Ohio State University studied the potential impact of Chinese tariffs on corn and soybeans
By Diego Flammini
Ohio corn and soybean farmers could be dealt a devastating blow if China imposes tariffs on U.S. imports.
Should China place 25 percent levies on American corn and soybeans, Ohio farmers could lose 59 percent of their net farm incomes, an Ohio State University (OSU) study says.
Researchers used data from six farms in the state to create and evaluate a farm representative of Ohio’s ag industry.
The research farm is a 1,100-acre operation from west central Ohio. The farm has a 50/50 corn and soybean rotation and averages yields of 154 bu/ac of corn and 49 bu/ac of soybeans.
Using a baseline estimated annual net income of US$63,577, a Chinese tariff could drop annual farm incomes to US$26,107, the study says.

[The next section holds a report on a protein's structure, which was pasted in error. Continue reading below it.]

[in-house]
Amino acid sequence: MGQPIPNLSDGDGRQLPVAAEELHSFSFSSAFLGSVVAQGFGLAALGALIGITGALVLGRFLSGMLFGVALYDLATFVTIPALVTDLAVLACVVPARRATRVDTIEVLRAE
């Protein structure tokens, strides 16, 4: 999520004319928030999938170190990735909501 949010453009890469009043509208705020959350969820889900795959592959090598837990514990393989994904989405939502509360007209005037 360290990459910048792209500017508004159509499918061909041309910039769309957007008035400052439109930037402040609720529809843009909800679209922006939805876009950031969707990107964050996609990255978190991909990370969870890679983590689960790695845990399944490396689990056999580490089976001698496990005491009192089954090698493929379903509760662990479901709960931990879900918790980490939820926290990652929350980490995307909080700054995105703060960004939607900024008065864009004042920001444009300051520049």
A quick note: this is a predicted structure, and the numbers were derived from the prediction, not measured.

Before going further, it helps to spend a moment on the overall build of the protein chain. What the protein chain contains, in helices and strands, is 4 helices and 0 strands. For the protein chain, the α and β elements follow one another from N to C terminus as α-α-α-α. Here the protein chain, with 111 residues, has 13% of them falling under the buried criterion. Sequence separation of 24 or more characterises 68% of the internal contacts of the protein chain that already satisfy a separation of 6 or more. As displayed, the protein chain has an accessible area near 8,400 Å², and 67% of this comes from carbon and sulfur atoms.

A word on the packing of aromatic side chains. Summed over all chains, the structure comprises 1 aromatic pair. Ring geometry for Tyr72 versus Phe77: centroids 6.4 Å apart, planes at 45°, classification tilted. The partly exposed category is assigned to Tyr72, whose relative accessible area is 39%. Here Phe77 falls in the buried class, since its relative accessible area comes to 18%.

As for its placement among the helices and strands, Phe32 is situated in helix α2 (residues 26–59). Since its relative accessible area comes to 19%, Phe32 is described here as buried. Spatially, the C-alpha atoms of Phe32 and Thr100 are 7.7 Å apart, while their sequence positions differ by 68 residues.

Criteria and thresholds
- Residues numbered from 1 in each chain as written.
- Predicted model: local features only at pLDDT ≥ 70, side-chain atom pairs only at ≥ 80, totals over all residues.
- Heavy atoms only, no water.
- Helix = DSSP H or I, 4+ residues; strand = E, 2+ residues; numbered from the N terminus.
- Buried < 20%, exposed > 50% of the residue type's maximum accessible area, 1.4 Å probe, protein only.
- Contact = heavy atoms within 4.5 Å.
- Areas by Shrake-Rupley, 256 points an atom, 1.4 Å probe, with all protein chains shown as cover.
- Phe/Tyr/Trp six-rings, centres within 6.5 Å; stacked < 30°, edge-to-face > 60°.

“The biggest impact will be on profits from soybeans, however corn is affected too,” Ben Brown, manager of OSU’s College of Food, Agricultural and Environmental Sciences’ farm management program and author of the study, said in a release on Tuesday.
“There are farmers who are going to struggle across the state. If the proposed tariffs go into effect, we’re going to have farmers who will have to exit the industry.”
If China implements the tariffs, U.S. growers could find themselves with a surplus of soybeans.
No other market could replace the volume of soybeans China imports.
“China is so enormous as a market that it dwarfs all of the other major importers,” Ian Sheldon, an ag economist involved with the study, told Farms.com today. “The European Union, Japan and Mexico are just not as significant a market as China is. There’s no other market to pick up that slack as far as I can tell.”